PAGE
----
January 14, 2021 | 5:14 PM GMT+0800 Last Edit: January 15, 2021
The National Privacy Commission (NPC) recently signed a memorandum of understanding (MoU) with its counterpart in the United Kingdom to formalize their partnership as bilateral partners, and ensure a robust data privacy environment while fostering innovation and business growth.
Privacy Commissioner Raymund E. Liboro and UK’s Information Commissioner Elizabeth Denham signed the MoU in a virtual ceremony on Jan. 13.
The regulators primarily aim to support each other’s work by exchanging best practices in governance, policy making and enforcement and keeping each other abreast of privacy and protection developments in their respective jurisdictions.
Under the MoU, initial areas of cooperation include the conduct of education and training programs; joint research projects; exchange of intelligence information–excluding personal data–involving potential or ongoing investigations of breaches and other security incidents in their respective jurisdictions.
The MoU will be implemented without the sharing of any personal information which they store in their respective databases.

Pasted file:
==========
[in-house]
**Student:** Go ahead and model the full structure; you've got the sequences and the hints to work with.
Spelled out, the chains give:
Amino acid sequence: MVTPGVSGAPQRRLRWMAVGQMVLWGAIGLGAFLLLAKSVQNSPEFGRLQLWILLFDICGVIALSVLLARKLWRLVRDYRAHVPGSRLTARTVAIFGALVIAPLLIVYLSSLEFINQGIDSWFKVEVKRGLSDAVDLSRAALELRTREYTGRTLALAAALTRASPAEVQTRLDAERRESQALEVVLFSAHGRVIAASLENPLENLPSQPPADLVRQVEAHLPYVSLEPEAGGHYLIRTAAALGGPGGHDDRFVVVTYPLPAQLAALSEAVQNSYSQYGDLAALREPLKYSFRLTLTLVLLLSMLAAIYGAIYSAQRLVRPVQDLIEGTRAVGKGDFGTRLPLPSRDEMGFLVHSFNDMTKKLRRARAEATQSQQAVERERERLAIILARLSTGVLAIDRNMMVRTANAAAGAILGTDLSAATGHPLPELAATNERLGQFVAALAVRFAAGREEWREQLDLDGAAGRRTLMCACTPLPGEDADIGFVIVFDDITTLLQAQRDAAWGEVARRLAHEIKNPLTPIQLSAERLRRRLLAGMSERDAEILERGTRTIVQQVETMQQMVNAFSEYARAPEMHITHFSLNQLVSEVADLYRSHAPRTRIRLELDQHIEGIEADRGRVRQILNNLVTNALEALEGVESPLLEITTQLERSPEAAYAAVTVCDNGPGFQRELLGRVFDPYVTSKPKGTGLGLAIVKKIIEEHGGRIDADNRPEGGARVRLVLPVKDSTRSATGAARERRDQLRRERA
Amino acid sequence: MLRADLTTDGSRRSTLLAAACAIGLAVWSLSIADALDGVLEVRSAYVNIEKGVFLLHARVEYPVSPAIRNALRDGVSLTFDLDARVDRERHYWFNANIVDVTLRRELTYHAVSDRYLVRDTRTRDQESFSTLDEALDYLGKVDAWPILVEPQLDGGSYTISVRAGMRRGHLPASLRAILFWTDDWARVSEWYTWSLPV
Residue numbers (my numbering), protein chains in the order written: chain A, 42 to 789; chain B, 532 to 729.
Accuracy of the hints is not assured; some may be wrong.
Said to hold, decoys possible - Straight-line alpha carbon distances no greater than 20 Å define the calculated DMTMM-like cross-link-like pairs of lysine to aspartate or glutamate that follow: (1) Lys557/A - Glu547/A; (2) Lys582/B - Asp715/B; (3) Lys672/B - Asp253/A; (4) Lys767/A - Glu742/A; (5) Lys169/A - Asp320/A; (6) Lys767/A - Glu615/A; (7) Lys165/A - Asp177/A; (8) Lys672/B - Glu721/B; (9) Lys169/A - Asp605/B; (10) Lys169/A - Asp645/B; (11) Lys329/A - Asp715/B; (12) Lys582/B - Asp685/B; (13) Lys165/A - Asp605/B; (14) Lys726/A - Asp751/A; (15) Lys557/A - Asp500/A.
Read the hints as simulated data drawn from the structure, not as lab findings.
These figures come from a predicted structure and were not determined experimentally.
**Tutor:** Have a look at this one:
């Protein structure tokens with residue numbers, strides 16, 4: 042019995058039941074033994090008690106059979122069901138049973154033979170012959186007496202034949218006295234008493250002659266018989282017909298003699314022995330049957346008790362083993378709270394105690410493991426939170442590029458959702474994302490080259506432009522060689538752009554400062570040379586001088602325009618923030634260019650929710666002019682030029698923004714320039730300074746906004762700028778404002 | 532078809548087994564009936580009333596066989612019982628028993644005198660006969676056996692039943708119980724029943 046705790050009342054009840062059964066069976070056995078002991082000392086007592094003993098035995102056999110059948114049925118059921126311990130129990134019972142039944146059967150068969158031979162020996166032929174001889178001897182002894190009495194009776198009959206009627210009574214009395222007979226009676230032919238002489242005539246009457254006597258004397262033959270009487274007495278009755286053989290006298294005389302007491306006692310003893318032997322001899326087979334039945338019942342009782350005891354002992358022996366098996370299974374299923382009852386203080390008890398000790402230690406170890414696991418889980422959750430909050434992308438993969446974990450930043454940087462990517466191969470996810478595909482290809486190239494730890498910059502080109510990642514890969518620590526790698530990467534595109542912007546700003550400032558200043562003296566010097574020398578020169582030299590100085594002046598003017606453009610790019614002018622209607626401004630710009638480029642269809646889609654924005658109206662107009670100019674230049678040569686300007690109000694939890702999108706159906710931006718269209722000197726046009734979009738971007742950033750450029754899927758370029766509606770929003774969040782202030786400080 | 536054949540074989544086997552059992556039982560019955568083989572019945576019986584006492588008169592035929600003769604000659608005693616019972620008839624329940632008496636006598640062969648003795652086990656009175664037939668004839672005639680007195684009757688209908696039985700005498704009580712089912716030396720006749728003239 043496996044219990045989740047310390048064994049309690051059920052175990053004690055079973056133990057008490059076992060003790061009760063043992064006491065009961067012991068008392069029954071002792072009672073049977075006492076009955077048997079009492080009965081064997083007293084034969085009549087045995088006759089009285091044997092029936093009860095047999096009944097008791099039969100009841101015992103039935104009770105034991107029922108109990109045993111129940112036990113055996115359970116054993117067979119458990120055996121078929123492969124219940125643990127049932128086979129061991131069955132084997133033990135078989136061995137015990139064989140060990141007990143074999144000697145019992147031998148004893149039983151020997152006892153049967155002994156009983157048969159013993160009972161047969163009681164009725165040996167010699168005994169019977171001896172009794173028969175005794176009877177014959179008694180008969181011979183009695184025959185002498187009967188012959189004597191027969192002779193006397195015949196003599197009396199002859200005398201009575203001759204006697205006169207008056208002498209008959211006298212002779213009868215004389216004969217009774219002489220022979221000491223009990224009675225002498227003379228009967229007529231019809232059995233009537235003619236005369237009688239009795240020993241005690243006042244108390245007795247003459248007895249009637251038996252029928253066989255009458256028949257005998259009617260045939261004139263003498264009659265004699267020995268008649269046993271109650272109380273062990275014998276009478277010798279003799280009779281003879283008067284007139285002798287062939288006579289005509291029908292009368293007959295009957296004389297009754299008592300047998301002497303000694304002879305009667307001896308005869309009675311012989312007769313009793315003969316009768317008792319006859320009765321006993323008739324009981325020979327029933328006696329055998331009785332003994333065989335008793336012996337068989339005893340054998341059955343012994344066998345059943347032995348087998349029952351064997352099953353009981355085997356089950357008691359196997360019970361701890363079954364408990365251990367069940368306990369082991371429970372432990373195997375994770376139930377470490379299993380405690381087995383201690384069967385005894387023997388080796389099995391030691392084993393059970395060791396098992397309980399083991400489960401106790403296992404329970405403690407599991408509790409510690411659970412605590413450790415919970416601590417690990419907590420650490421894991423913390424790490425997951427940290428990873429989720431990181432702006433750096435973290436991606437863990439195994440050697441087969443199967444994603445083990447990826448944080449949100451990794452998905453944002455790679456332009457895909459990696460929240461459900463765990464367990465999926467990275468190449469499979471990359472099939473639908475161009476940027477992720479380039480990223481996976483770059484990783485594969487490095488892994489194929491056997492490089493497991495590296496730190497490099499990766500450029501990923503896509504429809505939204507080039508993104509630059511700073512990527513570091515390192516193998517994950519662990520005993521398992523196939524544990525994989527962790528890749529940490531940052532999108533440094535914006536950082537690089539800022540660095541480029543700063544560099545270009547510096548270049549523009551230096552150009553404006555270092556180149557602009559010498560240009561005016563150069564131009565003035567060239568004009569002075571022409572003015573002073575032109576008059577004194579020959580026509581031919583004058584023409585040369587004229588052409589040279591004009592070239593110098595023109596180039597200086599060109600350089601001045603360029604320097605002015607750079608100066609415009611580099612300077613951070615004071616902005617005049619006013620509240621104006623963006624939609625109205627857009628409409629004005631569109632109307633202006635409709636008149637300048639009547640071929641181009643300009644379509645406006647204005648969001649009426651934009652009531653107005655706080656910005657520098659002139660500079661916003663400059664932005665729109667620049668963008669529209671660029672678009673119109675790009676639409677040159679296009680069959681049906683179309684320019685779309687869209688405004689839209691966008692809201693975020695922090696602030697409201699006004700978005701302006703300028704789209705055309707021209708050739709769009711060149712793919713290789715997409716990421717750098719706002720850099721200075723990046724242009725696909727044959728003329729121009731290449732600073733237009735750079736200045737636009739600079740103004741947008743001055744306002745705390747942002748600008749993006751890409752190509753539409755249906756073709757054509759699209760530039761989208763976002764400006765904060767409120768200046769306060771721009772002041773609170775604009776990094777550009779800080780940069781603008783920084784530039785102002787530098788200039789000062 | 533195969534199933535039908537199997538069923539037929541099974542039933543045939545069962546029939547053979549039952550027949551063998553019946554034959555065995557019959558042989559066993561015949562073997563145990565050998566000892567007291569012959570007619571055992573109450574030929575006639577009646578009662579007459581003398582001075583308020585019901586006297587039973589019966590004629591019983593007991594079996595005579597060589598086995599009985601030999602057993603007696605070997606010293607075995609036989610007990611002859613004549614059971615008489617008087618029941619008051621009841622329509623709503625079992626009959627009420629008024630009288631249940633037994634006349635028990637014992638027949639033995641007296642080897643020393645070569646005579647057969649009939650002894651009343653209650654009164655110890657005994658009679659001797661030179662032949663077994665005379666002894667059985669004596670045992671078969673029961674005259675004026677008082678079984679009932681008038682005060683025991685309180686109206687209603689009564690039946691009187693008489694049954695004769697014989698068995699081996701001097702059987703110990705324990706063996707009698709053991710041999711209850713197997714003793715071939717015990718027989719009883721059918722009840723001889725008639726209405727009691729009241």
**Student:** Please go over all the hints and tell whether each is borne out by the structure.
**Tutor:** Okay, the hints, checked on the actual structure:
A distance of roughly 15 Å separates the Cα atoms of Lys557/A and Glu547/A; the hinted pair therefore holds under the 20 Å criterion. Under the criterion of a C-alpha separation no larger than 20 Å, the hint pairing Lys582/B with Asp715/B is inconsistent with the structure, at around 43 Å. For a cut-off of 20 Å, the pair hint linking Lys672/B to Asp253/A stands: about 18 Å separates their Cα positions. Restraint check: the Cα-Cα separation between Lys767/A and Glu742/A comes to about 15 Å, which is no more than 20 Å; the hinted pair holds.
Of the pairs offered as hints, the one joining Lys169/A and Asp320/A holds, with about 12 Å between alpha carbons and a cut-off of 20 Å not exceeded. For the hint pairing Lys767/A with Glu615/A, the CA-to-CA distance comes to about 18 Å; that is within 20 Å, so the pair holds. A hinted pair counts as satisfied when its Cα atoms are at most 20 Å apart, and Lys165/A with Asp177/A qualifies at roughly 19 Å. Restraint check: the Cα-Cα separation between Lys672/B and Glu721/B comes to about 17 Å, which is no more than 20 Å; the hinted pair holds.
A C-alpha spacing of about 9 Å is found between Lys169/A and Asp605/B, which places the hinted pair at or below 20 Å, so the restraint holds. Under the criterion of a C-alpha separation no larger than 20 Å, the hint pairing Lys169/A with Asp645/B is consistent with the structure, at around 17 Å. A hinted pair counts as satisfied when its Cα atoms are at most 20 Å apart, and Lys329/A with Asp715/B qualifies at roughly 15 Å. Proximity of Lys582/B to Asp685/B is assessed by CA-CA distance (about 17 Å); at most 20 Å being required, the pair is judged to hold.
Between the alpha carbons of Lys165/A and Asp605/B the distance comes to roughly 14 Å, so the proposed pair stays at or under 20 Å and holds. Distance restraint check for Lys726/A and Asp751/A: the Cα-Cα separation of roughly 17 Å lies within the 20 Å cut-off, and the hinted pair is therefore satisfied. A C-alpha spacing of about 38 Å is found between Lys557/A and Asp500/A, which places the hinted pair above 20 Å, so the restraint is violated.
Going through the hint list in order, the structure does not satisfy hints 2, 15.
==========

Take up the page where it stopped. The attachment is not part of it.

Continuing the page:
The event has never been more timely, according to Liboro, citing the continuing and emerging data privacy and protection challenges amid the mutating COVID-19 and rising infections.
“With the UK ICO (Information Commissioner’s Office) propping up NPC’s technical capacity, leadership and governance, we are confident that the NPC will be more able to influence national and local policy-makers, authorities and the private sector to be more cautious and more mindful when dealing with personal data,” Liboro said.
“Together, we hope we can find ways to create an environment where privacy standards and epidemiological measures coexist in harmony,” he added.
For her part, Denham said the MoU with the NPC was a continuation of the strengthened unity of the international community of data privacy regulators and champions at the height of skepticisms over the essence of data protection in a health crisis.
“One silver lining for me [during the pandemic] was the way the privacy community came together,” Denham said.
“We are responding to the global nature of data flows and international trade. The way to do that is to work cooperatively on policy matters, on regulatory matters and investigation internationally. And we’re working together closer than ever before to protect our citizens domestically, ” she added.
The UK Information Commissioner also lauded the NPC for its leadership at the Global Privacy Assembly’s (GPA) COVID-19 Task Force, through which the Commission steered discussions for GPA members to be better equipped in preserving privacy rights.
Ultimately, Liboro hopes partnerships with more experienced privacy authorities like the UK ICO will help the NPC achieve its goal of embedding a deep culture of respect for privacy rights in the Philippines.
As such, the NPC is targeting to seal more bilateral partnerships for stronger capacity in policy-making, awareness enforcement and investigation.
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